Tuesday, October 27, 2009

"The dog ate my mortgage"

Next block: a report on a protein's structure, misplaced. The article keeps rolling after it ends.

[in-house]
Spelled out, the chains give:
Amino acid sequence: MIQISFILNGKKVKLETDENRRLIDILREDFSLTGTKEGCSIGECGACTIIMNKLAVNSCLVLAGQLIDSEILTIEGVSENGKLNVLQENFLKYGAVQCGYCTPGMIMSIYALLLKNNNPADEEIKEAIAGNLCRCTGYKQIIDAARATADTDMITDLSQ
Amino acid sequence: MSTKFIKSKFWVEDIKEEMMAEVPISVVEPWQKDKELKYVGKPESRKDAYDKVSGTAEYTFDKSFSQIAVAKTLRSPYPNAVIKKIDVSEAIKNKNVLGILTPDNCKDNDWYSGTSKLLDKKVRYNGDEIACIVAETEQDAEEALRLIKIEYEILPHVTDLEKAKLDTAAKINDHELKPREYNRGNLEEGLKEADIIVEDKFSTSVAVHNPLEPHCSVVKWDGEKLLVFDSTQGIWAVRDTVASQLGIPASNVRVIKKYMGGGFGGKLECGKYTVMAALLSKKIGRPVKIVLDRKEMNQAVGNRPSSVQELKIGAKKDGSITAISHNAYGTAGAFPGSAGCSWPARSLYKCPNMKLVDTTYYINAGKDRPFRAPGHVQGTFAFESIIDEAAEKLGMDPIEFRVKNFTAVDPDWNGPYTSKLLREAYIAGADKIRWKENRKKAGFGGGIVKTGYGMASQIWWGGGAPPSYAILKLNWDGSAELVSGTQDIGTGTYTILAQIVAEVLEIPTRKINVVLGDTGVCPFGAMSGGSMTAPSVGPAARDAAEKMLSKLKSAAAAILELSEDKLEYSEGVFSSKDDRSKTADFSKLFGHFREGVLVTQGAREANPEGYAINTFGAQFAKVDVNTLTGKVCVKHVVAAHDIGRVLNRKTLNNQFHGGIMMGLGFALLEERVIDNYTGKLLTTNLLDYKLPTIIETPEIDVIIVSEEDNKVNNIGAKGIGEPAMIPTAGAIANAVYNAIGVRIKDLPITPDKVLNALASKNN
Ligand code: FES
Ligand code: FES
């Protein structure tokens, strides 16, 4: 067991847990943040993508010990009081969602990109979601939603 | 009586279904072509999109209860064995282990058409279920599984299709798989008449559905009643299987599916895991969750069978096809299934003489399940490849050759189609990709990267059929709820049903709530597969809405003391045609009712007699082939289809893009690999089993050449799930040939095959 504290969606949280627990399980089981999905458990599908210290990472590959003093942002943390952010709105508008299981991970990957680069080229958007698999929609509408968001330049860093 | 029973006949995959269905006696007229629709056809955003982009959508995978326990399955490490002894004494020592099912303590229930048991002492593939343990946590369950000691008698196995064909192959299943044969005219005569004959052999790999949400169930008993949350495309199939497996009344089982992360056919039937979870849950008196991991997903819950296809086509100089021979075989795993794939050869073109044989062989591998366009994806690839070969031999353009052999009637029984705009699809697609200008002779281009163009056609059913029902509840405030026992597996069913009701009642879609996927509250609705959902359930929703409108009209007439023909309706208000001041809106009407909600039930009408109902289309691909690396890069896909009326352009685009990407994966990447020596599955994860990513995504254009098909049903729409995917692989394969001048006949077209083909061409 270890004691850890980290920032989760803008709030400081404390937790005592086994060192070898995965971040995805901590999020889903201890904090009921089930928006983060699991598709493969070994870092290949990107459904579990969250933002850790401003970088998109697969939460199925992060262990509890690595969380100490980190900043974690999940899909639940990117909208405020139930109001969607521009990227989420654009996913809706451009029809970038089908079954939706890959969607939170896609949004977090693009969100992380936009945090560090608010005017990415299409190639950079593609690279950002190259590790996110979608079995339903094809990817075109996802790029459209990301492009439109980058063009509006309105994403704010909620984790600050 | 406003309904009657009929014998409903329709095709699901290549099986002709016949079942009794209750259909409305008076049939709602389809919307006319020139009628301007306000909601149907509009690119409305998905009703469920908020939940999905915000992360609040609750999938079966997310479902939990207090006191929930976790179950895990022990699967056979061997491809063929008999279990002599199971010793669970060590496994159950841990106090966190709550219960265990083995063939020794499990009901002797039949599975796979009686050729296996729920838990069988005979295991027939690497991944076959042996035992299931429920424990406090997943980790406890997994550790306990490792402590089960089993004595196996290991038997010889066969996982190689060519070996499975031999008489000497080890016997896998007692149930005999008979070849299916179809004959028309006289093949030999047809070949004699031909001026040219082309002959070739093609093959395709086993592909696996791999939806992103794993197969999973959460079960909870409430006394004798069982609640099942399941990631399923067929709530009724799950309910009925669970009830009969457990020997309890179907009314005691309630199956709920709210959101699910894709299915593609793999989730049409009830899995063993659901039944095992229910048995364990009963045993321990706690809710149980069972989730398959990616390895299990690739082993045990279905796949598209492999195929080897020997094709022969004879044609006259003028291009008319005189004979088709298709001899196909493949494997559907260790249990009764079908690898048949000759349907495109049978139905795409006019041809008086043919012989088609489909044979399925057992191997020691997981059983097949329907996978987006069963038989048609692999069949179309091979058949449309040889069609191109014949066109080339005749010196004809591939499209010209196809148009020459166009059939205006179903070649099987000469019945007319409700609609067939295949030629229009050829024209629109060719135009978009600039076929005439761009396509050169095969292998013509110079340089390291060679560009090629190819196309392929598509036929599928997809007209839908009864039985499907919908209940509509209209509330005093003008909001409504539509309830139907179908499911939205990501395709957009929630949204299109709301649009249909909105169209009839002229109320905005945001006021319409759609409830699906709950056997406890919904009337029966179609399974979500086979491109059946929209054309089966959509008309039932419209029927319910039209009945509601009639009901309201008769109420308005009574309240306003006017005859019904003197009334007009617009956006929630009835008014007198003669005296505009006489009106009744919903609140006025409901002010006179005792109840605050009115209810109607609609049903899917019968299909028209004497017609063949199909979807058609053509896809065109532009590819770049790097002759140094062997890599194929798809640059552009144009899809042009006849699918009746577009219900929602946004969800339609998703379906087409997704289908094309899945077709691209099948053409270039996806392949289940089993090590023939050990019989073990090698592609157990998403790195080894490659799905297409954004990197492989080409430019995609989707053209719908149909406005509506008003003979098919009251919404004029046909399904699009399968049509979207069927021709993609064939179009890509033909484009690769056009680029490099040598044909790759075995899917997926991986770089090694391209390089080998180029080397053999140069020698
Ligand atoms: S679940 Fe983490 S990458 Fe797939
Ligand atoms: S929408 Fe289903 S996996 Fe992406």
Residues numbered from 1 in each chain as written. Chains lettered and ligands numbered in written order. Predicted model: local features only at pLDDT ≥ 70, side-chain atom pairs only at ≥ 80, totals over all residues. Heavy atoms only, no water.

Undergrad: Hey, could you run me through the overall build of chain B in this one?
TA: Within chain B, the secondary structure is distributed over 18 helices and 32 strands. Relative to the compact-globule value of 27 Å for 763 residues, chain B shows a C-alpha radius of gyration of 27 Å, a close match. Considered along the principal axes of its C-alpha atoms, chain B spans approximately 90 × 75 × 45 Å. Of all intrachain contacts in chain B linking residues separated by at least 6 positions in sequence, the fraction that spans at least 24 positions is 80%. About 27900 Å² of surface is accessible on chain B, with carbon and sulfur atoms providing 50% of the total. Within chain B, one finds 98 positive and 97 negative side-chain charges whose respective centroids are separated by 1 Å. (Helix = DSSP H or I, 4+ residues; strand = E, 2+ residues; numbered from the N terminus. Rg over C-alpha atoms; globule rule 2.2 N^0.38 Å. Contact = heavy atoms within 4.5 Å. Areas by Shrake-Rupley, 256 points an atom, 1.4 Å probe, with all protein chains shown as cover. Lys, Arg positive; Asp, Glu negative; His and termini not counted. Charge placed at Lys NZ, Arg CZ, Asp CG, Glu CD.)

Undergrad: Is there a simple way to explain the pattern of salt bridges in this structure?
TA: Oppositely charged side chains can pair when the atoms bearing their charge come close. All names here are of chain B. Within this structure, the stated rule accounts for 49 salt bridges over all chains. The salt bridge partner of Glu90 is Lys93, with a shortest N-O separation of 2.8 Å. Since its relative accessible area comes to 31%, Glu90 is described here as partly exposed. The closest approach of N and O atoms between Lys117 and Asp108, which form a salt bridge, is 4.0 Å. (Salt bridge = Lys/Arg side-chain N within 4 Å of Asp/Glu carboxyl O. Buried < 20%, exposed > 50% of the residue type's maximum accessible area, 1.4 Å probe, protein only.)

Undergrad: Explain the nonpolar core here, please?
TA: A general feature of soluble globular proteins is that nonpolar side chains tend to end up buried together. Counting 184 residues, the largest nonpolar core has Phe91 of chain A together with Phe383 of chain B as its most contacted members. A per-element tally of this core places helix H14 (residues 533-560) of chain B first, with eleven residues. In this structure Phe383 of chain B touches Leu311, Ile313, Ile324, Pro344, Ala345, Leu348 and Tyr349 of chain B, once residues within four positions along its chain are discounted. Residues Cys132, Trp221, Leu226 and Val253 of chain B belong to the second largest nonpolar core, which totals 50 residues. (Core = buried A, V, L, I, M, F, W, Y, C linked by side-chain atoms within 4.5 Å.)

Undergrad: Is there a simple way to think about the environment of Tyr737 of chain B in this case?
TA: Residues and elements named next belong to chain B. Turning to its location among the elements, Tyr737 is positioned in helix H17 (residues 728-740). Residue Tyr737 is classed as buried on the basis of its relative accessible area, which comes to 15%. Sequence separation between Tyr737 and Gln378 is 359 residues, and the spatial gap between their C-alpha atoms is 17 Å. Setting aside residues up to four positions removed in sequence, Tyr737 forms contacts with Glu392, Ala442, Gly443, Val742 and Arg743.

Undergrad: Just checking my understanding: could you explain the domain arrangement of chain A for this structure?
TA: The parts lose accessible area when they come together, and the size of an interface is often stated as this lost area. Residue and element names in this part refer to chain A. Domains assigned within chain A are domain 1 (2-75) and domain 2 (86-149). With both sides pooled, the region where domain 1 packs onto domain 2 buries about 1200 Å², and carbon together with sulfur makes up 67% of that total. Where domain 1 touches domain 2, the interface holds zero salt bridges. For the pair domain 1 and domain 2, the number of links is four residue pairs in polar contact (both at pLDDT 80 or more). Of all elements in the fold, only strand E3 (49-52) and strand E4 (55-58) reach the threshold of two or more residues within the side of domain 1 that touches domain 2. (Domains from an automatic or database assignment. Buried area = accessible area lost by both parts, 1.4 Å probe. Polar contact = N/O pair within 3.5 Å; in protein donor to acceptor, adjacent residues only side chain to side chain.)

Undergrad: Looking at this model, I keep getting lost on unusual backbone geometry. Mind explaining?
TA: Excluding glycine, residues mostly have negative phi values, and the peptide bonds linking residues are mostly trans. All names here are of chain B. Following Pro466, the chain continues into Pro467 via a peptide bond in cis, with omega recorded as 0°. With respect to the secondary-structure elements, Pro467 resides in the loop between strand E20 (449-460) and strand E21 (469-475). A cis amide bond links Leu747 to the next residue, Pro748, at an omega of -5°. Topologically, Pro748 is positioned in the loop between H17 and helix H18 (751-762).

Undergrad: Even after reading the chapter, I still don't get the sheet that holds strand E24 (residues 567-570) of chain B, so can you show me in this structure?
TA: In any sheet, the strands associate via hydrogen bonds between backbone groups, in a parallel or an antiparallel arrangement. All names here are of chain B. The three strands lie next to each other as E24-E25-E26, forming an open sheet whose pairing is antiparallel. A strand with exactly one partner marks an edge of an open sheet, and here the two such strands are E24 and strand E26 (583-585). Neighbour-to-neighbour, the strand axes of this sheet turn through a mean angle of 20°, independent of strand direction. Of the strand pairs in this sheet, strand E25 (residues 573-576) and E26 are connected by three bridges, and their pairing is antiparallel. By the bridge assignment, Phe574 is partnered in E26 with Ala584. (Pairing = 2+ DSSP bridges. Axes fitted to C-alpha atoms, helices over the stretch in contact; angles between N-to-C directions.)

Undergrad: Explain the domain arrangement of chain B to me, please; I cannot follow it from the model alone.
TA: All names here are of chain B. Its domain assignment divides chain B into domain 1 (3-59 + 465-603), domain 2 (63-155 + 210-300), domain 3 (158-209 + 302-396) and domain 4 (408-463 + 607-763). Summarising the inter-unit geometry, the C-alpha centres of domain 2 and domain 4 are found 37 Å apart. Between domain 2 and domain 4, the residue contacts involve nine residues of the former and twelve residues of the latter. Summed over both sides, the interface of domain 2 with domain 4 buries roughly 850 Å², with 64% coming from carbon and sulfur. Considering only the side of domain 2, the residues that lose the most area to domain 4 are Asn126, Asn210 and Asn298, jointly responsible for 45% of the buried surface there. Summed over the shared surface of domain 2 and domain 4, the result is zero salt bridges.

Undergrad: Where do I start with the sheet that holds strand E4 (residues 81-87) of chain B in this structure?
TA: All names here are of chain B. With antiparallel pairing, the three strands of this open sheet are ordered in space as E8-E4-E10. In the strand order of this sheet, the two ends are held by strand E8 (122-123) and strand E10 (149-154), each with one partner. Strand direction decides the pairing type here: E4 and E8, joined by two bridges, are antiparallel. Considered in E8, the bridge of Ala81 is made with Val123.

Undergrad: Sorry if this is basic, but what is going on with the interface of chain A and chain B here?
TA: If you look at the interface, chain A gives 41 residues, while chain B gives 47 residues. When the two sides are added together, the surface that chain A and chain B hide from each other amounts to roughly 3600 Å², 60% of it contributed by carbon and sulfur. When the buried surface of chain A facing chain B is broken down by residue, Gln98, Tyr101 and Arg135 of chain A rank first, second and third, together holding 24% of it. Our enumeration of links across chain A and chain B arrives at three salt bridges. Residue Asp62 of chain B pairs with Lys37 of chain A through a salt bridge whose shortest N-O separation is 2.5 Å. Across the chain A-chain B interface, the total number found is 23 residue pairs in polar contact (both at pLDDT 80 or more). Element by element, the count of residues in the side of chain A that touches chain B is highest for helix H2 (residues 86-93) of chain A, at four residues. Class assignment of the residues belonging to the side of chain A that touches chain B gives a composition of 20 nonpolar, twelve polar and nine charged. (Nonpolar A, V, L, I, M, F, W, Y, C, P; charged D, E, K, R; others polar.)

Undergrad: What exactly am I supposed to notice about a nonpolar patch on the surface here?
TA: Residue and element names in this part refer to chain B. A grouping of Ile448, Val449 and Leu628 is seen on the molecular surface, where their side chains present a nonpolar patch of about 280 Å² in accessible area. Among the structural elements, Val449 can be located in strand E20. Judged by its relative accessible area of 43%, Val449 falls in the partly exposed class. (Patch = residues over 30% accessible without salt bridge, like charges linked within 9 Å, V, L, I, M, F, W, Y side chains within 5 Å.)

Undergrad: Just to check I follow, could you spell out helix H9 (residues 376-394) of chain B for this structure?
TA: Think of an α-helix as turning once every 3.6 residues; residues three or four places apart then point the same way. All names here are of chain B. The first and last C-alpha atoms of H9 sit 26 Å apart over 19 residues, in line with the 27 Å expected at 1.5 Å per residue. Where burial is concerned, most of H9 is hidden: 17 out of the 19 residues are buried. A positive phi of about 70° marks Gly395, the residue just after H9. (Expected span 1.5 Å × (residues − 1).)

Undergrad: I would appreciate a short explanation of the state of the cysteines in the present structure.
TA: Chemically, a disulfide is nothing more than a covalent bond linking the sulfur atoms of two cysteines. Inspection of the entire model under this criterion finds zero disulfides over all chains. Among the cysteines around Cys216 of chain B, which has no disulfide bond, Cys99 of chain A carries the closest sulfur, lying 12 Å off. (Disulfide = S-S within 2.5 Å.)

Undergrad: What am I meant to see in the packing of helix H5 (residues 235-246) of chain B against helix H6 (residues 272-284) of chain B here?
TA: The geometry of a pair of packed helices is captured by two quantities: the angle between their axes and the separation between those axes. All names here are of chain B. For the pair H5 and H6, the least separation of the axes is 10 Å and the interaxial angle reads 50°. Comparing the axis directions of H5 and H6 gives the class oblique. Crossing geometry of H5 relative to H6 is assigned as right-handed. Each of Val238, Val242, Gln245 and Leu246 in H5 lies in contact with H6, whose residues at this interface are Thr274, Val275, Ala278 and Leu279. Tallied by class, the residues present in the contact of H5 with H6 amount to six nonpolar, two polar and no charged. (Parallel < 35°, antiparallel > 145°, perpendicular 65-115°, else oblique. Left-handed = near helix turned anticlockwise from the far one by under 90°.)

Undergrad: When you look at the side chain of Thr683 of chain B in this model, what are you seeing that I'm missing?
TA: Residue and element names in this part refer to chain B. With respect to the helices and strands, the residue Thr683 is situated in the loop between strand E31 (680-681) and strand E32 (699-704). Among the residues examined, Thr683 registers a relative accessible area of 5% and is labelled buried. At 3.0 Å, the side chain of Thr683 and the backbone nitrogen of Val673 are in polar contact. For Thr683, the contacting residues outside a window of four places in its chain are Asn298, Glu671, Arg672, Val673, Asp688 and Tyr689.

A column in Sunday's New York Times explores the way that homeowners, aided by various courts across the country, are pushing back against foreclosing lenders. At the peak of the past real estate boom, I remember a busy attorney telling me that the entire financial system was geared to rapidly executing and recording mortgages so that they could be shipped off to Wall Street and repackaged for investors. The complaint was that the entire system was electronic and fast until it reached a standstill at the paper-based registry of deeds. It seems that our financial system never got in sync with our recording system, so now lenders commencing foreclosure proceedings often do not have the documentation necessary to show that they in fact hold the mortgage. Such was the case in a New York bankruptcy case. The end result? The judge ruled that the debt secured by the mortgage was void and unenforceable. While that is undoubtedly an extreme case, it is in some ways indicative of what is happening around the country.

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